Tash Priestly explains the differences between solicitors and barristers, and why you might need one or both of them for your matter.
As with many other professions, within the legal profession, there are many specialised areas practitioners can advance into. The most common progression is from lawyer to barrister, or from solicitor to counsel, which, just to confuse everyone, means the exact same thing.
The difference between a solicitor and barrister
Your solicitor is who you meet with initially to obtain advice.
If you have a matter which needs to progress, your solicitor will be the one who communicates with you, drafts the necessary documents and letters and who handles all out of court aspects of your matter. Your solicitor may appear on your behalf in court for minor court appearances such as first return dates and for some interim hearings.
While your solicitor will have specialist knowledge in the area of law relevant to your matter, If your matter progresses to a contested interim hearing, or if it falls into the 5% of cases which progress to final hearing, it is likely your solicitor will advise you to engage the services of a barrister.
If your solicitor is comparable to a Doctor, then a Barrister is the equivalent of a specialist surgeon.
If your matter does not go to Court, it is unlikely you will need a Barrister. In contrast to solicitors, barristers spend almost all of their time in court, very rarely dealing with the preparation of a matter. Barristers are solicitors who have taken further exams and been admitted to the ‘bar’. Their further study equips them with the expertise and skill required to appear in court regularly, present arguments to the judge and cross examine witnesses. Barristers are also the people in court who wear the gown, and on occasion, a wig.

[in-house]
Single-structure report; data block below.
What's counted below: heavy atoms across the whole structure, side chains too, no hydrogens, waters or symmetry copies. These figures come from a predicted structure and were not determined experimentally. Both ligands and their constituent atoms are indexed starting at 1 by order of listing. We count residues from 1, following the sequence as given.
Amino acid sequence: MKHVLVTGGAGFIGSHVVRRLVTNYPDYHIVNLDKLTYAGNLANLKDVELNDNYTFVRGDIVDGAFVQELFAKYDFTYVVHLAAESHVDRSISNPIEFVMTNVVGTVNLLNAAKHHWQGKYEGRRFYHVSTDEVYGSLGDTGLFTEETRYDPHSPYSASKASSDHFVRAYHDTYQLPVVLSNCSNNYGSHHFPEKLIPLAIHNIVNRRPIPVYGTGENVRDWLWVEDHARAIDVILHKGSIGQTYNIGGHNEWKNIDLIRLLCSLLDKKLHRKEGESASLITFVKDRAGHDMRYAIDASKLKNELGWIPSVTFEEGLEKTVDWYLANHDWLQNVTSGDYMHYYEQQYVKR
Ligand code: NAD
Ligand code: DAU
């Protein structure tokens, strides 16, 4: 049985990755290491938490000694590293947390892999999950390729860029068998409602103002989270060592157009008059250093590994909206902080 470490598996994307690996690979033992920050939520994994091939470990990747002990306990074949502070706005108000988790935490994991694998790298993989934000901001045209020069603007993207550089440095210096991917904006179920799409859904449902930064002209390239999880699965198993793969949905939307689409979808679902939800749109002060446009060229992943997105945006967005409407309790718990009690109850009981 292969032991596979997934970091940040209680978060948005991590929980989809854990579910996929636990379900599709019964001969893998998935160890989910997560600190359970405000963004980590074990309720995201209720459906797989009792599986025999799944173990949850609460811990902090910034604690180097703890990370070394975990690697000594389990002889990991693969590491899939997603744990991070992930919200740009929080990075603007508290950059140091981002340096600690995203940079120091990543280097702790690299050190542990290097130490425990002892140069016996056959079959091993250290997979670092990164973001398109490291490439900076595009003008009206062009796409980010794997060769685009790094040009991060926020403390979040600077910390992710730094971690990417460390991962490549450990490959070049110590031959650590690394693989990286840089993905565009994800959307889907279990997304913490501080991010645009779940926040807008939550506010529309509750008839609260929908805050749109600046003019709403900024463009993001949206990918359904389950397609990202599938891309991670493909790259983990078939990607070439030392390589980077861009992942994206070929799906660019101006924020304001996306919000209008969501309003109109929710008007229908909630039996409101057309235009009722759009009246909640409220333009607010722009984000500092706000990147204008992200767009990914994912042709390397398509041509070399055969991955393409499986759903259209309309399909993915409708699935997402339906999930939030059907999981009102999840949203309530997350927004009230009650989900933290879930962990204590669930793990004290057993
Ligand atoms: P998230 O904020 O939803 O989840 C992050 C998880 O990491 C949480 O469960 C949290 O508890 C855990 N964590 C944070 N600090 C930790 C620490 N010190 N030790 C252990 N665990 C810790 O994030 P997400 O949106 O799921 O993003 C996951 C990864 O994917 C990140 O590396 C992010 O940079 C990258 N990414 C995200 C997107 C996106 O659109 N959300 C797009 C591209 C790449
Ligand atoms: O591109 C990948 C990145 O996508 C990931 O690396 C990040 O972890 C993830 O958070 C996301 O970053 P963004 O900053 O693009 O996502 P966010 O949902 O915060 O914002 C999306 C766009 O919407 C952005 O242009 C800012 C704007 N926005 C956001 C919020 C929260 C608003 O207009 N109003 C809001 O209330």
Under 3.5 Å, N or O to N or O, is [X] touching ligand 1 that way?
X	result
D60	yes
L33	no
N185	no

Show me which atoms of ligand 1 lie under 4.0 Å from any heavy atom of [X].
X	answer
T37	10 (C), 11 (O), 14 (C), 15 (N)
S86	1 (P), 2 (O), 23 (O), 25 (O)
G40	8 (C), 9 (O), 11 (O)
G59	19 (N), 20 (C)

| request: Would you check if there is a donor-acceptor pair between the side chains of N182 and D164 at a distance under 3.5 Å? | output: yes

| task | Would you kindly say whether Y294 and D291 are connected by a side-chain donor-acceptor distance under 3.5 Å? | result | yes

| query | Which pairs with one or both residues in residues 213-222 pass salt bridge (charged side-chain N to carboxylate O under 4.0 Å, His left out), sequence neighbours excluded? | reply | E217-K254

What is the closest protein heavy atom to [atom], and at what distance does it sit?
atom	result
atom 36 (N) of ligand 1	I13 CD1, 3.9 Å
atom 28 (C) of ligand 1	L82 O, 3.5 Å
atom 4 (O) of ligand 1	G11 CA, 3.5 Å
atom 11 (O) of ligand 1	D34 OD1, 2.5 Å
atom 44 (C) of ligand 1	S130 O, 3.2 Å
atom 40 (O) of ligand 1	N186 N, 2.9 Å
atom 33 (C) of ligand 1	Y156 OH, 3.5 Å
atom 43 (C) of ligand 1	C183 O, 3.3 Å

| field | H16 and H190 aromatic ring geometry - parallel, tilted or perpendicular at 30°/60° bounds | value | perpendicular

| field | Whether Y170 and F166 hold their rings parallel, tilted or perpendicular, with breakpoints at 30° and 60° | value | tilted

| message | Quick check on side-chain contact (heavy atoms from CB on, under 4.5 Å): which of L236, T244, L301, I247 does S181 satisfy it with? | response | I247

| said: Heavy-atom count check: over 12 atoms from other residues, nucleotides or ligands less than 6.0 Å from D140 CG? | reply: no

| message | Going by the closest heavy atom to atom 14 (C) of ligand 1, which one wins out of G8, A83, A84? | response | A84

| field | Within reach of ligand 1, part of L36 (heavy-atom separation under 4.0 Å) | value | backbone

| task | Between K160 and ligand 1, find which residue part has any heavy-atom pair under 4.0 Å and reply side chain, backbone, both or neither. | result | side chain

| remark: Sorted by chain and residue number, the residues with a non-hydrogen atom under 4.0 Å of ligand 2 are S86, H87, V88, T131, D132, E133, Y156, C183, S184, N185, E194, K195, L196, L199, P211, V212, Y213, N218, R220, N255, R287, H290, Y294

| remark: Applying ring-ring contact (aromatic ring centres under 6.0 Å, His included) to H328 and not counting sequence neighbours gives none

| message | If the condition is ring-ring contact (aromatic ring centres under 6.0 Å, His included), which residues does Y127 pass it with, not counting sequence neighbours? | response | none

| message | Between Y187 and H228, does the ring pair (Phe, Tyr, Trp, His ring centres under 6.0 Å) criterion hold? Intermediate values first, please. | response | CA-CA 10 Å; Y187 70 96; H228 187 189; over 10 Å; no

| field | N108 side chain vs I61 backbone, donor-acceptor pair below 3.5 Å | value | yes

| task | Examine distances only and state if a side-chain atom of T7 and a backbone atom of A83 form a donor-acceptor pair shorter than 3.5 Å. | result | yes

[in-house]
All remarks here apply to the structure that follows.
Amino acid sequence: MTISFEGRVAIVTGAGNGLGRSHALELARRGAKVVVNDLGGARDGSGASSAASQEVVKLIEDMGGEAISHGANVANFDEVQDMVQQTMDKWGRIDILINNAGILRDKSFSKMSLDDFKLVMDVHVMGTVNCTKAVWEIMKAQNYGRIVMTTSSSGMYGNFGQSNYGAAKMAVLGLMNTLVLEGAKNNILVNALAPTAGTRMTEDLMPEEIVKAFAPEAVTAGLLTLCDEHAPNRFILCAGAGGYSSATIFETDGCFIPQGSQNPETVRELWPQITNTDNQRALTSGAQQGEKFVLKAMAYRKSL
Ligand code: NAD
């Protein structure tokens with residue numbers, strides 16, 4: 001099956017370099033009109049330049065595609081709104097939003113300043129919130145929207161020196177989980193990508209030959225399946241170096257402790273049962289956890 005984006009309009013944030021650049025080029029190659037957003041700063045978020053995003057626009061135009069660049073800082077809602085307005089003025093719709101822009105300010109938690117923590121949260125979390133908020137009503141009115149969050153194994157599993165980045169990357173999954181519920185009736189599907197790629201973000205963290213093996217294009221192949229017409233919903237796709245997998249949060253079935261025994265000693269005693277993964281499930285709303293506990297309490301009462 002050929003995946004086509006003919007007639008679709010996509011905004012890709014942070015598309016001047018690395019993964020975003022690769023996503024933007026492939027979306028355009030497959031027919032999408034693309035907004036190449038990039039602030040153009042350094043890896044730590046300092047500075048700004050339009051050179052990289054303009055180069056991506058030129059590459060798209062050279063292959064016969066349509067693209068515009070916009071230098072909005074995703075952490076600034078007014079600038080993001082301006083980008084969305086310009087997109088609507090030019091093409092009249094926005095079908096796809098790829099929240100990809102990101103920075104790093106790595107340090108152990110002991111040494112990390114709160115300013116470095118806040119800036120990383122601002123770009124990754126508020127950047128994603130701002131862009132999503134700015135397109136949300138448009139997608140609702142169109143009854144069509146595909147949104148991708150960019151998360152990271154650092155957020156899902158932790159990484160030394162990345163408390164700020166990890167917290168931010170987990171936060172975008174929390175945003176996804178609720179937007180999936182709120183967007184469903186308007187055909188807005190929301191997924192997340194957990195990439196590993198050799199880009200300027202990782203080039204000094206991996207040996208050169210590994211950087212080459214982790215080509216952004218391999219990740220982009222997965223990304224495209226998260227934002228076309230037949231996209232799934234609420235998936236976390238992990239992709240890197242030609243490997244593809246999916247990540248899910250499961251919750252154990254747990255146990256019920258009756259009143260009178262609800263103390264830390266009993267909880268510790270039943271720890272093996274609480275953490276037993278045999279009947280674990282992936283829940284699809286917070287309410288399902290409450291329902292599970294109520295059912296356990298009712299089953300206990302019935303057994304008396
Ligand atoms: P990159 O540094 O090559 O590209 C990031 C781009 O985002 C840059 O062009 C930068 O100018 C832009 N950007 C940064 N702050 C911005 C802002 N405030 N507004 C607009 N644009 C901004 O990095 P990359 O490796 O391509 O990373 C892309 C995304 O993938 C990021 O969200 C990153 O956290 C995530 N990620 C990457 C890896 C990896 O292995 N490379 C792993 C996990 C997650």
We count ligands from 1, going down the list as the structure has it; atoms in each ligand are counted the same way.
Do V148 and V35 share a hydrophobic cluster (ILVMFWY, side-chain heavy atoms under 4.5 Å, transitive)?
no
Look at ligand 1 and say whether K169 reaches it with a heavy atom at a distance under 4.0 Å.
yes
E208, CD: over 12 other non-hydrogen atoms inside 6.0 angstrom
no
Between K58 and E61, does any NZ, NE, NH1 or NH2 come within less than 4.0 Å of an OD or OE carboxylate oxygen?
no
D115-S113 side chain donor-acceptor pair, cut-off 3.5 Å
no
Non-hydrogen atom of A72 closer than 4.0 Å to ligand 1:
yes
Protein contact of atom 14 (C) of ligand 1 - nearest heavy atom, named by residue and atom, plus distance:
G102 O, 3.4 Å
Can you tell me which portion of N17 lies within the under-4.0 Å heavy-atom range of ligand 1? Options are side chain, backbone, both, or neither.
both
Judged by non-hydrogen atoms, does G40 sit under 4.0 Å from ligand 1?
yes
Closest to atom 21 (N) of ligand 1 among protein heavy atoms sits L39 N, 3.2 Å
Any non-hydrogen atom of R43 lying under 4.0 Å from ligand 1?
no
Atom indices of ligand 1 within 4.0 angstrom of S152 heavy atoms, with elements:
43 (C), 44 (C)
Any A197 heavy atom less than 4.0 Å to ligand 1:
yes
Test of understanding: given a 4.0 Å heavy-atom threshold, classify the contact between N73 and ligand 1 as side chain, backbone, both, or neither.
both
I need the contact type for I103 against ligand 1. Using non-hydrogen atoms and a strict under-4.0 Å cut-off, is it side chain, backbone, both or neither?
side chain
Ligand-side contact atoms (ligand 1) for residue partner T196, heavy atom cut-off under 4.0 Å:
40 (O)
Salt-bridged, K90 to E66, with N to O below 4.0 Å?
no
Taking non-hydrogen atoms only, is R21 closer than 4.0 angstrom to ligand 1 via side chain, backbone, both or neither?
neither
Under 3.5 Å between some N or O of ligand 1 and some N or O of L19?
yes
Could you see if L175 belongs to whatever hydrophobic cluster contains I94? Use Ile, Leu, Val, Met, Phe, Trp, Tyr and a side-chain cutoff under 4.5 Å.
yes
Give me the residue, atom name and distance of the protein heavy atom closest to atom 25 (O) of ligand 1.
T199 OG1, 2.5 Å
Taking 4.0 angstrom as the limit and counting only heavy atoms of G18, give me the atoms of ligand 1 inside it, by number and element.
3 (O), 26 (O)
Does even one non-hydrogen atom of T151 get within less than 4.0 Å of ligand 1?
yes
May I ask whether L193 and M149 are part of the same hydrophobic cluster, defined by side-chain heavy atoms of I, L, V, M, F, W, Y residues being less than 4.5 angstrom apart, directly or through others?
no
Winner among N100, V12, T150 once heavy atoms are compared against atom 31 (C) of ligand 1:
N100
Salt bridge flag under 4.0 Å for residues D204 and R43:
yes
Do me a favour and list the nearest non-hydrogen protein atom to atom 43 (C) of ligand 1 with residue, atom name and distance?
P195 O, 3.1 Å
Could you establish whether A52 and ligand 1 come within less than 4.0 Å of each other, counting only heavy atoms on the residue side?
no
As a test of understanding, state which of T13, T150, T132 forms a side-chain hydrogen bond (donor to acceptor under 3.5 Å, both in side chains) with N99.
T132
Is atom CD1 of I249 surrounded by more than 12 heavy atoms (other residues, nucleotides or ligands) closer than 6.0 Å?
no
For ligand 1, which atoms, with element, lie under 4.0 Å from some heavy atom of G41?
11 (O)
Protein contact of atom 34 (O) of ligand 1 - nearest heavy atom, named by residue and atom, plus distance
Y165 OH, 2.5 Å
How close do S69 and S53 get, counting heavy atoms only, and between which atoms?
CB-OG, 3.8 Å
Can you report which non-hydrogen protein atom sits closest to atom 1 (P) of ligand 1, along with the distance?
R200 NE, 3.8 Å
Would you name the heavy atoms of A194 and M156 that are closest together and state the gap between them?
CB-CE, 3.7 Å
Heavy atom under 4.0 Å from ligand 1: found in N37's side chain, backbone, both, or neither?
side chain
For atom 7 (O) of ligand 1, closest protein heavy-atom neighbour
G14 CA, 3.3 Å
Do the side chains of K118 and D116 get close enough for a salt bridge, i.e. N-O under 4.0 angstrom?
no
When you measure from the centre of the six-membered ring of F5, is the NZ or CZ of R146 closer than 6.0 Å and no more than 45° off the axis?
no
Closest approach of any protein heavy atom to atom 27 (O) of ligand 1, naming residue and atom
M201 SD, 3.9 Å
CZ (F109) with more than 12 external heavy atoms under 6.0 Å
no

If a barrister is engaged to run your matter, they will be ‘briefed’ by your solicitor who will provide them with the relevant documentation and give them direction on what outcome you are seeking. Your solicitor will be the one to communicate with your barrister. You will meet with your barrister with your solicitor for pre-court conferences but will otherwise you remain primarily in contact with your solicitor.
In some cases, Barristers may also be engaged by your solicitor early in your matter to provide expert advice on matters including complex legal arguments and strategy.
Within the world of barristers there are also levels at which practitioners can advance. You may obtain the services of junior counsel, counsel or senior counsel (SC, who used to be known as Queens Counsel, QC).
If you are involved in litigation and think you may require the services of a barrister you should speak with your solicitor about whether that is necessary for your matter and when they should be engaged.
Tash Priestly is a Family Lawyer at Farrar Gesini Dunn,Canberra Office
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